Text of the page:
Different beta-casein fractions in Icelandic versus Scandinavian cow's milk may influence diabetogenicity of cow's milk in infancy and explain low incidence of insulin-dependent diabetes mellitus in Iceland.

2.50
Hdl Handle:
http://hdl.handle.net/2336/34472
Title:
Different beta-casein fractions in Icelandic versus Scandinavian cow's milk may influence diabetogenicity of cow's milk in infancy and explain low incidence of insulin-dependent diabetes mellitus in Iceland.
Authors:
Thorsdottir, I; Birgisdottir, B E; Johannsdottir, I M; Harris, D P; Hill, J; Steingrimsdottir, L; Thorsson, A V
Citation:
Pediatrics 2000, 106(4):719-24
Issue Date:
1-Oct-2000
Abstract:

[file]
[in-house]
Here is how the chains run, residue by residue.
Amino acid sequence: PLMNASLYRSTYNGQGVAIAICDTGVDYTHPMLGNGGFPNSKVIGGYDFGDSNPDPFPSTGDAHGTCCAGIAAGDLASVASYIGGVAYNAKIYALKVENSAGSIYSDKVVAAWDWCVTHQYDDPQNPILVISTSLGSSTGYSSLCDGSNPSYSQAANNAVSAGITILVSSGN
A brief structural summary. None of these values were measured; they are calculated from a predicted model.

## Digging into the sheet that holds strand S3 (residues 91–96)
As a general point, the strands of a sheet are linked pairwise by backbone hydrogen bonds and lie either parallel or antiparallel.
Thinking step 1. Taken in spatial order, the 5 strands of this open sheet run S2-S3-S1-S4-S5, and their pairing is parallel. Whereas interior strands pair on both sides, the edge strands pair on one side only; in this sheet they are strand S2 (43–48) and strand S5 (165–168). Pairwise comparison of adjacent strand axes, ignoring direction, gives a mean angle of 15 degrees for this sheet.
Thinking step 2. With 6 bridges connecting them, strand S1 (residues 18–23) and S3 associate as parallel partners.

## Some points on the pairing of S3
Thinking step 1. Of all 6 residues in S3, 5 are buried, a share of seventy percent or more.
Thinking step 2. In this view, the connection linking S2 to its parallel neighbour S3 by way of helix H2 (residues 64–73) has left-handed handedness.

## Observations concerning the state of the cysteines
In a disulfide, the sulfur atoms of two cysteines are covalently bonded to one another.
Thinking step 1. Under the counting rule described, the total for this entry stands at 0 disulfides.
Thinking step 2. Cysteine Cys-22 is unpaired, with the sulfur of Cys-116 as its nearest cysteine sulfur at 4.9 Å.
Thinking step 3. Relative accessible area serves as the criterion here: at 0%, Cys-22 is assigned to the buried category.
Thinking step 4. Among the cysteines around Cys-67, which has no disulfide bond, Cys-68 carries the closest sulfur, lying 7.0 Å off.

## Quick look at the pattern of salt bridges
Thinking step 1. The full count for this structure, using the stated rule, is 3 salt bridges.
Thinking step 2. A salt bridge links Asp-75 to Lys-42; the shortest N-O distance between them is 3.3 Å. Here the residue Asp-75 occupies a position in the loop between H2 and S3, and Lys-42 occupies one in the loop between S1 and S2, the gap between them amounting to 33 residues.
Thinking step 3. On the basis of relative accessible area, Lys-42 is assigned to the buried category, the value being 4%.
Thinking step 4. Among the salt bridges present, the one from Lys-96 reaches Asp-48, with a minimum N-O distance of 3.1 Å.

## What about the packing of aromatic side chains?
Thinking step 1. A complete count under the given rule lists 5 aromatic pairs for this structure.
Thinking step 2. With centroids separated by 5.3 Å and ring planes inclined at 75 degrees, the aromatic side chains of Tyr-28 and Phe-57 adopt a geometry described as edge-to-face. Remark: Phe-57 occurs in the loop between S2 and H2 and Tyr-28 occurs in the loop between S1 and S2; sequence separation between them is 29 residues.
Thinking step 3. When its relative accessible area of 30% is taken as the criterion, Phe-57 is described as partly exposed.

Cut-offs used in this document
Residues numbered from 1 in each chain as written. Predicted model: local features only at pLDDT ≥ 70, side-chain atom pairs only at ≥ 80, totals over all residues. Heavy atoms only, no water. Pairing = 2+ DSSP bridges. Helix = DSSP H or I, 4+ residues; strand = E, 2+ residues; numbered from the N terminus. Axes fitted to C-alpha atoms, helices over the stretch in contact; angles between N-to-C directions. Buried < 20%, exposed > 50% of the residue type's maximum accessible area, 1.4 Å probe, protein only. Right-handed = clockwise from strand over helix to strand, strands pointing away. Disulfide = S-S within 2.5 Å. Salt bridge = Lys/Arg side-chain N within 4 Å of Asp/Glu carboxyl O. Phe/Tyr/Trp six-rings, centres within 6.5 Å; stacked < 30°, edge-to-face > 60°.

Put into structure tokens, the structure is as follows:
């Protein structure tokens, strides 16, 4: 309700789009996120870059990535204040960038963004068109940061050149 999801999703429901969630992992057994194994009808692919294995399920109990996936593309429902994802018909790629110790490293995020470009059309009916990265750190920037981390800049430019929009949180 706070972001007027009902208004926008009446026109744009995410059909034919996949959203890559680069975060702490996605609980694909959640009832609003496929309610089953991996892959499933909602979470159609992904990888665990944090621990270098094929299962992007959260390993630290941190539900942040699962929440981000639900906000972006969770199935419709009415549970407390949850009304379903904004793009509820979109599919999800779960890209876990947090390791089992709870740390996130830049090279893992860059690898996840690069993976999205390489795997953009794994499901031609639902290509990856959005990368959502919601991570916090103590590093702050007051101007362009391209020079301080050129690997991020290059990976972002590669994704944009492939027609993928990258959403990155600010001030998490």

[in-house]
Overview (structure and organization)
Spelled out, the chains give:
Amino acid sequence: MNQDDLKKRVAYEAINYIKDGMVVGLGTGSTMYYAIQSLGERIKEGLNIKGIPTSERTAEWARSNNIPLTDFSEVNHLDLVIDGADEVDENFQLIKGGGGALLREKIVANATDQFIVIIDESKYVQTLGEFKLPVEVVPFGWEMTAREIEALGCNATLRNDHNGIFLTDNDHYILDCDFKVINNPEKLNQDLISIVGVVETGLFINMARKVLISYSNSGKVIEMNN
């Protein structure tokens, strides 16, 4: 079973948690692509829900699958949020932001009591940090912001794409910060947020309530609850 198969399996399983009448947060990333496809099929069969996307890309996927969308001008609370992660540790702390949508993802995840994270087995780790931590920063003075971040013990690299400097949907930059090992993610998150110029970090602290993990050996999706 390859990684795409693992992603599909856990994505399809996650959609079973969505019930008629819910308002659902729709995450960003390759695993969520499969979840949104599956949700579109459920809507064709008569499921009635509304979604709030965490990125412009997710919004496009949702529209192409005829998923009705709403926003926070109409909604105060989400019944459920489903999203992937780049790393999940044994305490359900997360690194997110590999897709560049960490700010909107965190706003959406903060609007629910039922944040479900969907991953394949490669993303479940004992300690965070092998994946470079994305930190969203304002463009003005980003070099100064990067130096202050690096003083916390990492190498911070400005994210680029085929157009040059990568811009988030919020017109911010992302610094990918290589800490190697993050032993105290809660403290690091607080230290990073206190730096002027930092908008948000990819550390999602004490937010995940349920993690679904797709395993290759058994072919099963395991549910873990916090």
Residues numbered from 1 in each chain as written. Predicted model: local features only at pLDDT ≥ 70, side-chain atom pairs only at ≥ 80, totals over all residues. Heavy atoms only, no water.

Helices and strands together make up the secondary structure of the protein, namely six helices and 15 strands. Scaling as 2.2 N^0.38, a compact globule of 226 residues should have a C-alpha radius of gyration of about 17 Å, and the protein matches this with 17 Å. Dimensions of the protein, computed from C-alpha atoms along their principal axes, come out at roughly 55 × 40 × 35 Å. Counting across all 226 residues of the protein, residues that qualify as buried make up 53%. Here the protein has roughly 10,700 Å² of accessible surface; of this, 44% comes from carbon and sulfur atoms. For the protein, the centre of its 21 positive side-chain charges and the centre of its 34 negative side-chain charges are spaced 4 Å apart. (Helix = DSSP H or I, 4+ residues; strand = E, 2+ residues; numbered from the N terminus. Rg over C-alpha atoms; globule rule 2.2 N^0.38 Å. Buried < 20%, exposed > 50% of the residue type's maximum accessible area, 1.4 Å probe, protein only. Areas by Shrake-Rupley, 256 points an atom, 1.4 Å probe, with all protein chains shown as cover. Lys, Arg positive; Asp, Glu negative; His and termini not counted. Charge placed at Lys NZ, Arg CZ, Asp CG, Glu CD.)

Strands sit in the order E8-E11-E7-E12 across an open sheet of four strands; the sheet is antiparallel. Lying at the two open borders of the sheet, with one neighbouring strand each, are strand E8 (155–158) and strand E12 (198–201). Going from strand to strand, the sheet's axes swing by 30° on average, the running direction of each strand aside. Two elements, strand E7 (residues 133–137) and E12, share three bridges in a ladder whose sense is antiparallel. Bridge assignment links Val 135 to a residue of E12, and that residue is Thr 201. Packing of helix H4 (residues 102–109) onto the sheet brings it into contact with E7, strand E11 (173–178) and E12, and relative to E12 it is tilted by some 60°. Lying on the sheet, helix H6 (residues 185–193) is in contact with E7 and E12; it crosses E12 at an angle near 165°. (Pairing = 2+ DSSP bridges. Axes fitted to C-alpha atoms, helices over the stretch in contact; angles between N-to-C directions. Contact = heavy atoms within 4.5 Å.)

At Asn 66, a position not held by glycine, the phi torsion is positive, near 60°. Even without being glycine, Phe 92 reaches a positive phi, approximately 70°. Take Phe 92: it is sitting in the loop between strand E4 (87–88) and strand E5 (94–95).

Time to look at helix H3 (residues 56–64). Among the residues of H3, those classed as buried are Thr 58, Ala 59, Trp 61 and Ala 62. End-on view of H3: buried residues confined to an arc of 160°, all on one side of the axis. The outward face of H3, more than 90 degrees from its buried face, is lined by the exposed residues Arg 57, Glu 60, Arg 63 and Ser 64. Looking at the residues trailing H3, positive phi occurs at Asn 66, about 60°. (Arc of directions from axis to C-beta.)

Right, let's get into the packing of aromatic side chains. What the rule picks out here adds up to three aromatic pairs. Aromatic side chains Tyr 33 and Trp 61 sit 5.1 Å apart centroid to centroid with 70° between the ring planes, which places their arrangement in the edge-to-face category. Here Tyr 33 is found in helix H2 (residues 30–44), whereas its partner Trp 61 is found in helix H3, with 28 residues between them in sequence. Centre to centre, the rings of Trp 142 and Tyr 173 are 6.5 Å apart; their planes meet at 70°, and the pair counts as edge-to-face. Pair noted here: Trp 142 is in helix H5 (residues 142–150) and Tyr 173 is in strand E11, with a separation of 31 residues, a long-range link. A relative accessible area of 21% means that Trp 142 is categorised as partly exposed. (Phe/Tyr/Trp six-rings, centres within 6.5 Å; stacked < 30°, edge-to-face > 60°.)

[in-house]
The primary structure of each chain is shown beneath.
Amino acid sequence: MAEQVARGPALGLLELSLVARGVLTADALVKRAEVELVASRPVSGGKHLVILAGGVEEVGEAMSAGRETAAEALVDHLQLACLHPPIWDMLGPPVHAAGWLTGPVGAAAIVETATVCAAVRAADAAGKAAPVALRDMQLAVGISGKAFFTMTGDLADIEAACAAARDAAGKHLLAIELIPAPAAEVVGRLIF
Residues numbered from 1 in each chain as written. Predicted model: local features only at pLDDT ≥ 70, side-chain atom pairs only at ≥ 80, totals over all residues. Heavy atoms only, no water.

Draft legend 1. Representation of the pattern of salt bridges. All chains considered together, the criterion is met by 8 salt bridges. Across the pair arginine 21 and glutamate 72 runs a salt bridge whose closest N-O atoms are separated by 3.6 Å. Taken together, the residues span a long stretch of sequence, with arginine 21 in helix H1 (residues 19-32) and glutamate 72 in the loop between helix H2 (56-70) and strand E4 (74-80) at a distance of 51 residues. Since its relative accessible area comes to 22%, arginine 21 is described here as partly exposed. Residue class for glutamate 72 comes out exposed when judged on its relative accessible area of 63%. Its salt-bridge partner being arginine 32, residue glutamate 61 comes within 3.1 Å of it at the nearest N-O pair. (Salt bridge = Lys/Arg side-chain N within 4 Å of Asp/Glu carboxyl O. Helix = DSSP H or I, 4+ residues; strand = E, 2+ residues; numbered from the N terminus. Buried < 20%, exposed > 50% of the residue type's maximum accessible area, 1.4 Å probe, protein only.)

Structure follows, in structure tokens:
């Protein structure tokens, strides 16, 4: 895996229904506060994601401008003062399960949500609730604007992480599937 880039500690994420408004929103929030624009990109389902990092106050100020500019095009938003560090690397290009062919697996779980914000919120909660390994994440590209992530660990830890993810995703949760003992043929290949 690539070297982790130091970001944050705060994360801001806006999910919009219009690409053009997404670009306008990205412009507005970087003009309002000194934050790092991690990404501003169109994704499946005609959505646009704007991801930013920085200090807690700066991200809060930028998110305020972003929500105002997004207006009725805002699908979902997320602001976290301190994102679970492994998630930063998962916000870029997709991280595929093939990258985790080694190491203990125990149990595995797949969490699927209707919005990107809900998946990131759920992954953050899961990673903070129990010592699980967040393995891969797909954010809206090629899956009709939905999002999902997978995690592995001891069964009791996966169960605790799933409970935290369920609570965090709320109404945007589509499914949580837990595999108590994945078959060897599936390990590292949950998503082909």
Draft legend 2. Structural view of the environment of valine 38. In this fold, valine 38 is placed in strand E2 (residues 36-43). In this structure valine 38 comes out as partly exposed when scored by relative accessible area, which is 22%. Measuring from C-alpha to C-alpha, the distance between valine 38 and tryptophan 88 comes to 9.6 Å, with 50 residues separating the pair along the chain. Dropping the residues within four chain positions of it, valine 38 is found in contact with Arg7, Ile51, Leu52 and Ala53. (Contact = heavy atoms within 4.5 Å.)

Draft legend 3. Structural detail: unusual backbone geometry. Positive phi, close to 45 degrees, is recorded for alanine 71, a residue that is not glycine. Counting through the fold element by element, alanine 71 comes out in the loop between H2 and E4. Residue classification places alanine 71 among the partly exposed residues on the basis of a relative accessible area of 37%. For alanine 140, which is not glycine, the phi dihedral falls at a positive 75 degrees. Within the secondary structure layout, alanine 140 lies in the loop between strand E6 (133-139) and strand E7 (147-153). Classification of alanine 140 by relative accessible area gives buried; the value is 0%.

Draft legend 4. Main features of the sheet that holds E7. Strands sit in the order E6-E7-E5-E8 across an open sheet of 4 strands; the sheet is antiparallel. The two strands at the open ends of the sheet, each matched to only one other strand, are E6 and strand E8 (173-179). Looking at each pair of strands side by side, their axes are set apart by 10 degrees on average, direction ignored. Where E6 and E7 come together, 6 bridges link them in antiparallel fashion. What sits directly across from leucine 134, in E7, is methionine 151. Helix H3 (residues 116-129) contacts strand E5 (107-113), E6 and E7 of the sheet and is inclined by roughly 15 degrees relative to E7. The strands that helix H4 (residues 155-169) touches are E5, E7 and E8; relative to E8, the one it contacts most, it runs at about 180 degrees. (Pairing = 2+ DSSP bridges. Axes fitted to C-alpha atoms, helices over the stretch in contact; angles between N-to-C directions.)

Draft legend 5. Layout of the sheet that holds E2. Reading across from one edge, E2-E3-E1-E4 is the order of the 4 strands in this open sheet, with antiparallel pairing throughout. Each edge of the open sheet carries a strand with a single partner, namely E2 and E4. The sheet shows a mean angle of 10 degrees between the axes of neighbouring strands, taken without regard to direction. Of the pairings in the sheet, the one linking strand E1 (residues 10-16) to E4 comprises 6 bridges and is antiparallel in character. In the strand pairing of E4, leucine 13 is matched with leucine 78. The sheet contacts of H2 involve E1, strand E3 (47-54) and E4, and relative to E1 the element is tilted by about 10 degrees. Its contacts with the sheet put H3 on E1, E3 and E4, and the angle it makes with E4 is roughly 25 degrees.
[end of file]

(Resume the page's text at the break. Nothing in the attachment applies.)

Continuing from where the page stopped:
OBJECTIVES: To compare children with insulin-dependent diabetes mellitus (IDDM) with controls in Iceland regarding their consumption of cow's milk in infancy, and to investigate the beta-casein fractions in Scandinavian and Icelandic cow's milk. The A1 variant of beta-casein has been shown to be diabetogenic in animal studies, and suggestions have been made that the B variant of beta-casein acts similarly. Differences in the relative proportions of beta-casein fractions might explain the lower incidence of IDDM in Iceland than in Scandinavia. METHODS: A retrospective case-control study on IDDM patients and matching controls was performed in Iceland to compare their diets in infancy. Fifty-five children with IDDM born in Iceland over a 16-year period and randomly collected controls (n = 165) were recruited to the study. Mothers of the children answered questions on breastfeeding habits and on when cow's milk products were introduced. Samples of cow's milk from randomly selected milk batches from the largest consumption areas in Iceland and Scandinavia were collected. The milk samples were freeze-dried and their beta-casein fractions were analyzed using capillary electrophoresis. RESULTS: No significant difference was found between IDDM patients and controls in the frequency and duration of breastfeeding or the first introduction of cow's milk products. The analyses of milk samples showed that the percentage of the A1 and B variants of beta-casein in Icelandic milk was significantly lower than in the milk from the Scandinavian countries. CONCLUSIONS: Cow's milk consumption in infancy is not related to IDDM in Iceland. The lower fraction of A1 and B beta-caseins in Icelandic cow's milk may explain why there is a lower incidence of IDDM in Iceland than in Scandinavia.